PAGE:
New questions are being raised over a meeting between Jared Kushner — Donald Trump's son-in-law and special adviser — and a Russian banker named Sergei Gorkov.

“Gorkov is a longtime associate of [Russian president] Vladimir Putin,” says journalist Elias Groll, who has reported on Gorkov in-depth for Foreign Policy magazine. “He’s a veteran of the Russian intelligence establishment. And he is the head of a bank that essentially functions as a slush fund for Vladimir Putin’s pet projects.” 

Moreover, Gorkov’s bank, Vnesheconombank or VEB, has been used in the recent past as a front for Russian espionage activities.

Kushner met Gorkov in December 2016, apparently at the suggestion of Russian Ambassador Sergei Kislyak, not long after Kushner met with Kislyak.

The purpose of the meeting is not clear, but some news outlets are now reporting that it was connected to Kushner's alleged search for a secret channel of communication to the Kremlin.

Gorkov and his bank say it was a simple business meeting, between a banker and Kushner, in his capacity as a businessman.

The Trump administration does not deny the meeting took place but says it was connected to diplomacy, with some suggestions that it was related to Syria policy in particular.

No one is suggesting that the meeting was illegal. But Kushner failed to disclose the meetings with Kislyak and Gorkov when he applied for security clearance in January. The president’s son-in-law later added them when the meetings were reported by The New York Times. Kushner said he “forgot” about them. That's one big reason why investigators want to know more.

It’s not clear what, if any, ties Gorkov still has to the FSB, the Russian Federal Security Service. The 48-year-old Russian graduated from the FSB academy in 1994. He’s a recipient of the Medal of the Order of Merit for Services to the Fatherland.

However, VEB has been used as a front for espionage activities in the recent past. "A few years ago," explains Groll, “a Russian spy ring was rolled up in New York City, and one of those operatives, Evgeny Buryakov, was working in New York, using the cover of being a Vnesheconombank executive.” That case was overseen by the former US Attorney Preet Bharara.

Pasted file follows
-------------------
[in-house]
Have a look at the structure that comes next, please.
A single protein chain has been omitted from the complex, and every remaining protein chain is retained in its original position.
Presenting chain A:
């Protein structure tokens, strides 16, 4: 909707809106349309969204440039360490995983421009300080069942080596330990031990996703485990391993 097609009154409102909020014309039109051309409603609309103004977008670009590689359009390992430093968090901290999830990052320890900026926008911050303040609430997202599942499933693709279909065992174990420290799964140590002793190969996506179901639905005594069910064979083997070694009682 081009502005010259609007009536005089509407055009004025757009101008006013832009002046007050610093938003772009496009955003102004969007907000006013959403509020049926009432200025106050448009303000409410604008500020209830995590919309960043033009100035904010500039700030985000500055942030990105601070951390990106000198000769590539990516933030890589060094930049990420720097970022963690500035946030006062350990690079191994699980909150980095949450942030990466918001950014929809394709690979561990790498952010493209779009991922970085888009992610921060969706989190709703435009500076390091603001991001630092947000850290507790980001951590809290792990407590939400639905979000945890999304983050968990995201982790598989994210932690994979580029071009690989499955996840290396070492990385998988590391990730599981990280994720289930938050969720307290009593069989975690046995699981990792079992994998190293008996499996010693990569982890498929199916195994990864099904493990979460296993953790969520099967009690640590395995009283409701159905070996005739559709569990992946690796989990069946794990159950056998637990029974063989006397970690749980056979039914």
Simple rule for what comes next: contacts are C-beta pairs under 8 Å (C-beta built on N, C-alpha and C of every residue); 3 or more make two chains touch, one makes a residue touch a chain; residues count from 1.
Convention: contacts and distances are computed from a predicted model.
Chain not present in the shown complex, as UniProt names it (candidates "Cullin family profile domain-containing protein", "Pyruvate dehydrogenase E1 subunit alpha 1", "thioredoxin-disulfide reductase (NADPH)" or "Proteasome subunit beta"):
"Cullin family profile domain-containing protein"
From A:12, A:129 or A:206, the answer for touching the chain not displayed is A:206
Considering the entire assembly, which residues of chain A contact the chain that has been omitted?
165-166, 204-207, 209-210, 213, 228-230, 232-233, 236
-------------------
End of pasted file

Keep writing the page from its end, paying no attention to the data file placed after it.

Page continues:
VEB is currently under US and international sanctions. “VEB is one of the Russian financial institutions that was targeted ... in the aftermath of Russian meddling in Ukraine and the seizure of Crimea,” says Groll.

Hitting VEB was seen by the Obama administration “as a really easy way to strike at the financial tools that Vladimir Putin uses to exert his authority both inside Russia and outside of Russia,” says Groll.

Gorkov has enjoyed some success as head of VEB, and previously as deputy head of Sberbank. “He has essentially been able to bring it [VEB] out of financial ruin,” says Foreign Policy’s Groll. The bank had taken on a number of poor investments associated with the Sochi Olympics.

“Gorkov has been credited with cleaning up the bank and its balance sheet,” says Groll, “and has been fairly successful, by all accounts.”

“But at the end of the day,” he adds, “you have to remember that the bank’s creditworthiness, and the bank’s credibility as a financial institution is closely linked to its ties to the Russian government.”

Both VEB and Sberbank are funded by the Russian state. The head of the board of VEB is none other than Russian Prime Minister Dmitri Medvedev.

“Anytime that the bank has run into financial trouble,” explains Groll, “the government has bailed it out.”

From PRI's The World ©2017 PRI